She hated that dumb, huge elephant.
It stood there, looming over her, peering at her with beady eyes. It wasn’t that he was ugly; no, he was the most beautiful creature she’s ever seen. The elephant reminded her of beautiful things and beautiful people, ivory tusks, long trunk, moonlight shining onto clean dashboards and staring up at a vast expanse of smog and sky. She had a very bad feeling about the elephant, though, and she hated bad feelings more than she hated herself. And she didn’t love herself too much.
“Well?” the elephant spoke.
“Well, what?” she snapped, crossing her arms over her chest. She subconsciously examined herself, wondering what she must’ve looked like in the elephant’s eyes – tousled, long hair, messy eyeliner and mascara, her shirt riding up over an extra ten pounds, dirty sneakers. She looked like shit, she knew. The elephant chuckled, his trunk reaching out to smooth her hair down.
“Why are you so nervous?”
“I’m not nervous.”
“Sure you aren’t.” And as if he couldn’t surprise her more, he rolled his eyes at her. “I thought you were alright.”
“I am, okay? You’re just… you’re just hovering. Like a helicopter.”
“Wow, nice comeback. When did you go back to the first grade?” The elephant smirked at her, and she had the strongest urge to slap it – although that would probably have no effect on him whatsoever.
“It’s been awhile,” she mumbled finally, looking up at the elephant sadly. In his eyes, she saw a reflection of her own – sad, guilty and vulnerable. Ugh, she hated being vulnerable. Vulnerable meant splotchy red cheeks and eyes, a swollen throat and a clogged nose, matched with three runs of The Holiday and Titanic. Vulnerable meant admitting that she wasn’t okay, but she was – really.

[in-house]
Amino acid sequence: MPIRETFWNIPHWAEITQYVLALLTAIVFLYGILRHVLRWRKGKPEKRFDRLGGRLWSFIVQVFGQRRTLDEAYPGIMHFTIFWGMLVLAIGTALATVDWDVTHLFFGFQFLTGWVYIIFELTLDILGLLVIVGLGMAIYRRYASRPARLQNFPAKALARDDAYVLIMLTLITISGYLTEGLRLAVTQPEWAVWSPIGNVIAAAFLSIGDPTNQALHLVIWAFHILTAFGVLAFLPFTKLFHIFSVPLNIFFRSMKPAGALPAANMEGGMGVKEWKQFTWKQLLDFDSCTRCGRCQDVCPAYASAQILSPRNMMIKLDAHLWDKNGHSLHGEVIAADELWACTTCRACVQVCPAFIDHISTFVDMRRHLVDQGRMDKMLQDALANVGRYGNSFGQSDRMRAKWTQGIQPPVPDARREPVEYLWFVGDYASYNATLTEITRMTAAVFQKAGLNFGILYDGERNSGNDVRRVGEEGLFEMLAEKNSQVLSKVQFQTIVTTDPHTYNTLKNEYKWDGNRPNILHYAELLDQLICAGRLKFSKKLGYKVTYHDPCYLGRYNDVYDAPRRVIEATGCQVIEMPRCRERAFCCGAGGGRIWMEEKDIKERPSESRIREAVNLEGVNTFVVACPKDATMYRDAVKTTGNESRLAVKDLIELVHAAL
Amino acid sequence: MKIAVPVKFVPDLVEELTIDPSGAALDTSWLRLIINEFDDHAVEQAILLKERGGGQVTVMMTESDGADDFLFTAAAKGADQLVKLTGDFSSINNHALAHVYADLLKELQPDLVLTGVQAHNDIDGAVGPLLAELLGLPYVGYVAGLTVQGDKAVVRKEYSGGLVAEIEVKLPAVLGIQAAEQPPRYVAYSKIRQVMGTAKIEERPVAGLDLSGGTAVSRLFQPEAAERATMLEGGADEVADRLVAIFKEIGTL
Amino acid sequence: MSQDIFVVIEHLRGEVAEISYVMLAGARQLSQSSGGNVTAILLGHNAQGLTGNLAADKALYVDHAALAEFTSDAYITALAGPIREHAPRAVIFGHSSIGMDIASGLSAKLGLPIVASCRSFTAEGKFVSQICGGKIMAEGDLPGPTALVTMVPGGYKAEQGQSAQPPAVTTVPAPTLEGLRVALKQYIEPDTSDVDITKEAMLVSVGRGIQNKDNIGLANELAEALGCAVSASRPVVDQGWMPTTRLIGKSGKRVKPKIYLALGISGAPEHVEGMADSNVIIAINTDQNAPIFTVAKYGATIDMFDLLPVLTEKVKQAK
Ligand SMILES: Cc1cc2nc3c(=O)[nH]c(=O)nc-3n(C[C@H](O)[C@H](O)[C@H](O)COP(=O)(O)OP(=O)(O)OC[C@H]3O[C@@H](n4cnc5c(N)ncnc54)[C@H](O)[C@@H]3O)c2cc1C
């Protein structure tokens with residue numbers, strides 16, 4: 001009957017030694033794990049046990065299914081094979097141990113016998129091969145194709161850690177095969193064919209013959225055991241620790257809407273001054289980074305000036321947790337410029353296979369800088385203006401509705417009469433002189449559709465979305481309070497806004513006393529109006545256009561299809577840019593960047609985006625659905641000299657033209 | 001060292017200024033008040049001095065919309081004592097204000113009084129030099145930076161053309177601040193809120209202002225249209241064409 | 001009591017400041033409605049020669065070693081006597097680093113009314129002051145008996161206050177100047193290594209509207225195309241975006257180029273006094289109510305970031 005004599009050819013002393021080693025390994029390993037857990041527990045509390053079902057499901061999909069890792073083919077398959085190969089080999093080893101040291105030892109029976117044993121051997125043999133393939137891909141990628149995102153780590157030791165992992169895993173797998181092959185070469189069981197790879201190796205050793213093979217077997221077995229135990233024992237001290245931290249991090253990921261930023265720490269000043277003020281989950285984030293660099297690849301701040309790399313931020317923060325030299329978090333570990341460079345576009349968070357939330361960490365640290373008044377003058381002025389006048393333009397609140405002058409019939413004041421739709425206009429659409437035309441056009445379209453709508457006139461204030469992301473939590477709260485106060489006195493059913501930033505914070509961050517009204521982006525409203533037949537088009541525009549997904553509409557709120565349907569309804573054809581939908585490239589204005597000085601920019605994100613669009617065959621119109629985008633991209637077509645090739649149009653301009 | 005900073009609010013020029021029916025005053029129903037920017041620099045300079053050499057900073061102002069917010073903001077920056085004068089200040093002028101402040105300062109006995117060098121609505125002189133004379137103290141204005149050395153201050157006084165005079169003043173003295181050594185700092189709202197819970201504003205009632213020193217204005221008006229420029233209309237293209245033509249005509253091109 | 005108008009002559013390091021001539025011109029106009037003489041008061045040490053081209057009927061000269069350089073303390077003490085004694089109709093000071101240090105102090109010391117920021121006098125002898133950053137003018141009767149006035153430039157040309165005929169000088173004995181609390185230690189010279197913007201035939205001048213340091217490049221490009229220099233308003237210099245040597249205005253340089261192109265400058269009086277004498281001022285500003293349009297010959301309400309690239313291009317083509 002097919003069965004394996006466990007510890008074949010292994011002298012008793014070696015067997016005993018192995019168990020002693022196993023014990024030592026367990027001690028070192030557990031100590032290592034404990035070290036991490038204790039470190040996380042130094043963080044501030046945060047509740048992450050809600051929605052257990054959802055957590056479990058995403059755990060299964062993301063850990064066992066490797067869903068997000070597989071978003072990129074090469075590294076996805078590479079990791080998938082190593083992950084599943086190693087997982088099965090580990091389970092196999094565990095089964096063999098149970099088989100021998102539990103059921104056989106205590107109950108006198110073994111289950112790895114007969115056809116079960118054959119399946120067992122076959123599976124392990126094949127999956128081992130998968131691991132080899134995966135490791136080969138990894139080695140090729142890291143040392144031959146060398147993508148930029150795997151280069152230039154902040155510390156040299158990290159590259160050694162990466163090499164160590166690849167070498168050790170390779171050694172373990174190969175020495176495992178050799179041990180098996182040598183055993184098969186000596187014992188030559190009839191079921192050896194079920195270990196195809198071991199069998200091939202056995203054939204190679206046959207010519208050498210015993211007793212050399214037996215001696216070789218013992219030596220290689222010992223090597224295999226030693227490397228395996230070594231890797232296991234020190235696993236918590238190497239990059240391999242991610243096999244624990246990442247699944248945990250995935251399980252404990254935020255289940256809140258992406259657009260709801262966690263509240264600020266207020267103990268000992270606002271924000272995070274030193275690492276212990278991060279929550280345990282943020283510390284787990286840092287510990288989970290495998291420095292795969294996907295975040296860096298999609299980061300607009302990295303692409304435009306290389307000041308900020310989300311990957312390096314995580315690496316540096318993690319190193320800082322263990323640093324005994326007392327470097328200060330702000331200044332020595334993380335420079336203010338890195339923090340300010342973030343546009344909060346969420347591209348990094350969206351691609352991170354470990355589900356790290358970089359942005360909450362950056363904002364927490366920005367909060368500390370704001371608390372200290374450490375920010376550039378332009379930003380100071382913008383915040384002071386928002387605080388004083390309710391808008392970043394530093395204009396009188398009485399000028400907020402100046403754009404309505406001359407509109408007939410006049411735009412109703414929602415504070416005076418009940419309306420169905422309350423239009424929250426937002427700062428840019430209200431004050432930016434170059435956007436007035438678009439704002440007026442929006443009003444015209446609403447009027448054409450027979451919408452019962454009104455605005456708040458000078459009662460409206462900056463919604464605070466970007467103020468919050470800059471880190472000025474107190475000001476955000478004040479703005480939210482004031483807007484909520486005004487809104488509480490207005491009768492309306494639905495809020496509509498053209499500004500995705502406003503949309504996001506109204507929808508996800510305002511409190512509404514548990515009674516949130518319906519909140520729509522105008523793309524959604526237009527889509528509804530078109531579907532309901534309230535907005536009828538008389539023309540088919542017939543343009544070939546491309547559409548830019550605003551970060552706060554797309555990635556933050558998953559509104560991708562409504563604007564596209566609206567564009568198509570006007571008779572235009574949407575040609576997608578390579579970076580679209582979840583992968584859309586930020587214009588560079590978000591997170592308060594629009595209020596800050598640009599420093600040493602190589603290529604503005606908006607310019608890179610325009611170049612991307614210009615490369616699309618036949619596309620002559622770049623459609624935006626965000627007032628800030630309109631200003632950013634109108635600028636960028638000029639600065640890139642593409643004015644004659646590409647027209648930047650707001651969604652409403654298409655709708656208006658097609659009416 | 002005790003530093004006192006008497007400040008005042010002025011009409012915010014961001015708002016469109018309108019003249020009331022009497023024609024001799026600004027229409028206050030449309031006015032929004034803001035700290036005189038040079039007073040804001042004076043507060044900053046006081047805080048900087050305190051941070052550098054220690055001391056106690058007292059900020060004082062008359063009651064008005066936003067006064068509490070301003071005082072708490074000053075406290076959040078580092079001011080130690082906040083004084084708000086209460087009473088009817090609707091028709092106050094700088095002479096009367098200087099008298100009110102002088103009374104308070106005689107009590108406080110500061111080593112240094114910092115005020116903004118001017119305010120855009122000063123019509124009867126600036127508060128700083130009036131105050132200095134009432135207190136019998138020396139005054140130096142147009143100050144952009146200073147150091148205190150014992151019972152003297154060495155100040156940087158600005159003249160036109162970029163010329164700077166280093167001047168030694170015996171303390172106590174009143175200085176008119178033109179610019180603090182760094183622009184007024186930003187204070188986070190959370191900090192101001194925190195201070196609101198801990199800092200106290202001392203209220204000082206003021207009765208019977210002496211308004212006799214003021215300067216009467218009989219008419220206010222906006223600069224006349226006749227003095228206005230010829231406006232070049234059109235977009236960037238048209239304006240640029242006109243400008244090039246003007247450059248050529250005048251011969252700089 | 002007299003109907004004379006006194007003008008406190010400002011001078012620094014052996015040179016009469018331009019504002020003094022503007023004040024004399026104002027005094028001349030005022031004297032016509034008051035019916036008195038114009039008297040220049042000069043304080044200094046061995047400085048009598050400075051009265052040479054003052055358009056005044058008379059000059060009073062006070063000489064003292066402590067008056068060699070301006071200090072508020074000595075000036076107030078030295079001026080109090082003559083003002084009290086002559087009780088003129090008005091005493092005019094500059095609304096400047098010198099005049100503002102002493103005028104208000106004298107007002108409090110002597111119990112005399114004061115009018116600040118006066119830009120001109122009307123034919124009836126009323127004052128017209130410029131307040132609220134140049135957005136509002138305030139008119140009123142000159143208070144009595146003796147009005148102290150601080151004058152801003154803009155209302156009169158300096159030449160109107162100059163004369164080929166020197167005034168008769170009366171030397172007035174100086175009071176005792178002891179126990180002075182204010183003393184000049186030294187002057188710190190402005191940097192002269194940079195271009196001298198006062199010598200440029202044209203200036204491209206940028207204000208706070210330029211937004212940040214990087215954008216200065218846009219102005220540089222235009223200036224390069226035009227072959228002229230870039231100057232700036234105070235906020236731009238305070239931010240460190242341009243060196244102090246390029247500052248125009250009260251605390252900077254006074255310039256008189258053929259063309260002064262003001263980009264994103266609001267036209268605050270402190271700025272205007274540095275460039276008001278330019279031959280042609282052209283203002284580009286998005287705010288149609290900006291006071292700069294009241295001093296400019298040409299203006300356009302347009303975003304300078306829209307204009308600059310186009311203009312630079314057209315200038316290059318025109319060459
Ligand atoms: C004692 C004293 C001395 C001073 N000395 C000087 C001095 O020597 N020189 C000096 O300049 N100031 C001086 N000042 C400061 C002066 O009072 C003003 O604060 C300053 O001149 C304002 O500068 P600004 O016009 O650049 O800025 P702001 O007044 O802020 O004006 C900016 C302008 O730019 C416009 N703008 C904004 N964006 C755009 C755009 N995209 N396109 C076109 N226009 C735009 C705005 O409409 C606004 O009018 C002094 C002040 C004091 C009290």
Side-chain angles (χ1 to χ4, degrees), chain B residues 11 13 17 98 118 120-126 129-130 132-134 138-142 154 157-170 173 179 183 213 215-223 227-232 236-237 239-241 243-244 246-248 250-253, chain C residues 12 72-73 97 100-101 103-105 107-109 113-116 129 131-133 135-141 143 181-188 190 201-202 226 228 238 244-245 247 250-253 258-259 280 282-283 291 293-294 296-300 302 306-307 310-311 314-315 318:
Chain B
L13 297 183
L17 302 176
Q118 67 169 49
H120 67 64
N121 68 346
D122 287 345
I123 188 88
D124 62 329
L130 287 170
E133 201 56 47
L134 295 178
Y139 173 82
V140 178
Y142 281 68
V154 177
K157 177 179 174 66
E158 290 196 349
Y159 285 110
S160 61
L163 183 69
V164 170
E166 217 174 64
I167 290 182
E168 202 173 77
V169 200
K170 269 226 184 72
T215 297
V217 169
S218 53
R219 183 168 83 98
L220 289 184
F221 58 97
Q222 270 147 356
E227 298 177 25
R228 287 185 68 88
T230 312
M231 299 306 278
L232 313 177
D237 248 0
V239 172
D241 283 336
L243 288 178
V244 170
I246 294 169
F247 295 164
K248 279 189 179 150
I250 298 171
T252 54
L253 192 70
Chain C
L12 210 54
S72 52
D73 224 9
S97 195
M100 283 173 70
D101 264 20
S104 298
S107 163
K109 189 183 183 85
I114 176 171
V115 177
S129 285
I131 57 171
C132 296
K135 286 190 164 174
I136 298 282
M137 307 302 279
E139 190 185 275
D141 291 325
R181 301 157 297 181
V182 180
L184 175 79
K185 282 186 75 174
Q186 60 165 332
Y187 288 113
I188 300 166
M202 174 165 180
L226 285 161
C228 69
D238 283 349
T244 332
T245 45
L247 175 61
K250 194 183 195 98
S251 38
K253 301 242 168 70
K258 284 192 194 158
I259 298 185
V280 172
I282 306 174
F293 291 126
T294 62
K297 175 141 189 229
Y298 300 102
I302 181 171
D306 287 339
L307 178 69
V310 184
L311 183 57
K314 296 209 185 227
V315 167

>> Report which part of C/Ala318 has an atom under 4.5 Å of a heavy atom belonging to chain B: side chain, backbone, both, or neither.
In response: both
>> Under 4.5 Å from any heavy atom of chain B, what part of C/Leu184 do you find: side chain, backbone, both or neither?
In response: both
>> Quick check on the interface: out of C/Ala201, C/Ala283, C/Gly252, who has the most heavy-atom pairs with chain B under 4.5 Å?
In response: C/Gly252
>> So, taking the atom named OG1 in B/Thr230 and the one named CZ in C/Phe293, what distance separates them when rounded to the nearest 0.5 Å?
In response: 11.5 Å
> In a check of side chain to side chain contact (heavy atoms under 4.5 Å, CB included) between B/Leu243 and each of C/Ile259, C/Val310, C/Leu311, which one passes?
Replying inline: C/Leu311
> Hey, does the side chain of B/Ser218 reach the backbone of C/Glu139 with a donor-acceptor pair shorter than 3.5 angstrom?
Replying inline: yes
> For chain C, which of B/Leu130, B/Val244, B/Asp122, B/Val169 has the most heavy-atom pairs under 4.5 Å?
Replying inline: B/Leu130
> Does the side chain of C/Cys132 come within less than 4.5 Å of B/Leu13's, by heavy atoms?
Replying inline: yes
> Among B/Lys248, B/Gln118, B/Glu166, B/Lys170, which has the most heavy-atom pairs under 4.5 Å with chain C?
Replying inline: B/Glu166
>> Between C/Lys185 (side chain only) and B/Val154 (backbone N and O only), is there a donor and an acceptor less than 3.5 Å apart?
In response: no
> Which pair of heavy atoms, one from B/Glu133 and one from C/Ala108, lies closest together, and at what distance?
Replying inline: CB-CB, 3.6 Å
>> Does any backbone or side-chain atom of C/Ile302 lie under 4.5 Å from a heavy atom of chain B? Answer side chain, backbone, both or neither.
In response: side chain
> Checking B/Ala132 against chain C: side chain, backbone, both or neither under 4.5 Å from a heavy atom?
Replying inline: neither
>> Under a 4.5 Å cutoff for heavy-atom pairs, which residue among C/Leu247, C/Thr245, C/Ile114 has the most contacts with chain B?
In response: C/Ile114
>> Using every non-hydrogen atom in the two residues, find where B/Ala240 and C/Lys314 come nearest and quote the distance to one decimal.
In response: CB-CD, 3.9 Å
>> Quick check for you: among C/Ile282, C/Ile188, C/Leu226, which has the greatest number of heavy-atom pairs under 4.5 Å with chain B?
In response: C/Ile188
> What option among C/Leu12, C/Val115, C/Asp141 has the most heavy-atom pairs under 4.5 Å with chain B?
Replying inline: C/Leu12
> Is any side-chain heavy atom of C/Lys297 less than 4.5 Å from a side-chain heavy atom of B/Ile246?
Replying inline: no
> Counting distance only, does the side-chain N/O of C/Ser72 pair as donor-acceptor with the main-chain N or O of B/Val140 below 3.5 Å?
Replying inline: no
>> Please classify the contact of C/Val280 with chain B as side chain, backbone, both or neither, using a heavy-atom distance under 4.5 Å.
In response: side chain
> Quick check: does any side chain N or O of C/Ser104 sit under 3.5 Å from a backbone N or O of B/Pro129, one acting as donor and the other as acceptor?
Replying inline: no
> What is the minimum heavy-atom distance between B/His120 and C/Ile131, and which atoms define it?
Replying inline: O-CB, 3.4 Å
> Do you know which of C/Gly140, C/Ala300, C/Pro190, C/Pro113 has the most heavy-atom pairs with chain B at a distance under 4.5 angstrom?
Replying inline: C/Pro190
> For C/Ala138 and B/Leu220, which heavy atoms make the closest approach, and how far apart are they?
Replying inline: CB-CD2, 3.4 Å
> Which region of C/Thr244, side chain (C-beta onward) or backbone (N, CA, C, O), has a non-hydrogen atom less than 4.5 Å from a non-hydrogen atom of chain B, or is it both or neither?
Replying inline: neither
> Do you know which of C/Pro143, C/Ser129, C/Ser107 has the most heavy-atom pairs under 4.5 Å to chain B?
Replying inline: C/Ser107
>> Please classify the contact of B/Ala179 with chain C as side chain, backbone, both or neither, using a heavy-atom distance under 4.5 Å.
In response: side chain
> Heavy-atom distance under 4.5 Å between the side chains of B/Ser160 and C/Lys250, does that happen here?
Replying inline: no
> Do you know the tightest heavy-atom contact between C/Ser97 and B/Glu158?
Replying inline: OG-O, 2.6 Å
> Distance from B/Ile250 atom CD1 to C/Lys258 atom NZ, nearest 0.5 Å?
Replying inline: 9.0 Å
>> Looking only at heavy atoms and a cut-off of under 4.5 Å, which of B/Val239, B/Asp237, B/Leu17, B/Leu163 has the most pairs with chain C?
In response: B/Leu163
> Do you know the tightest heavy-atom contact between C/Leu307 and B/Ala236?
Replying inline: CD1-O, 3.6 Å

“Well, exactly, dearest. It’s been a while.” The elephant looked at her pointedly. “Quite frankly, I don’t understand why I’m even here.”
“He probably sent you.”
“No, sweetheart, you did. It really just looks like he wants to talk to you and make friends.”
“Ugh, go away.”
“I’ll only go if you say you’re going to be okay and actually mean it.” The elephant brushed his trunk against her cheek, an endearing gesture for a sarcastic bastard like he was. She nodded, not saying anything. With a triumphant smile, the elephant awkwardly turned on his heel and walked away.
Left in his place was him, approaching her from across the room. “Hey,” he murmured gently, tucking his hands in his jean pockets. “Uh… how are you?”
She let out a breath she didn’t know she was holding in. “I’m going to be okay.”
And she meant it.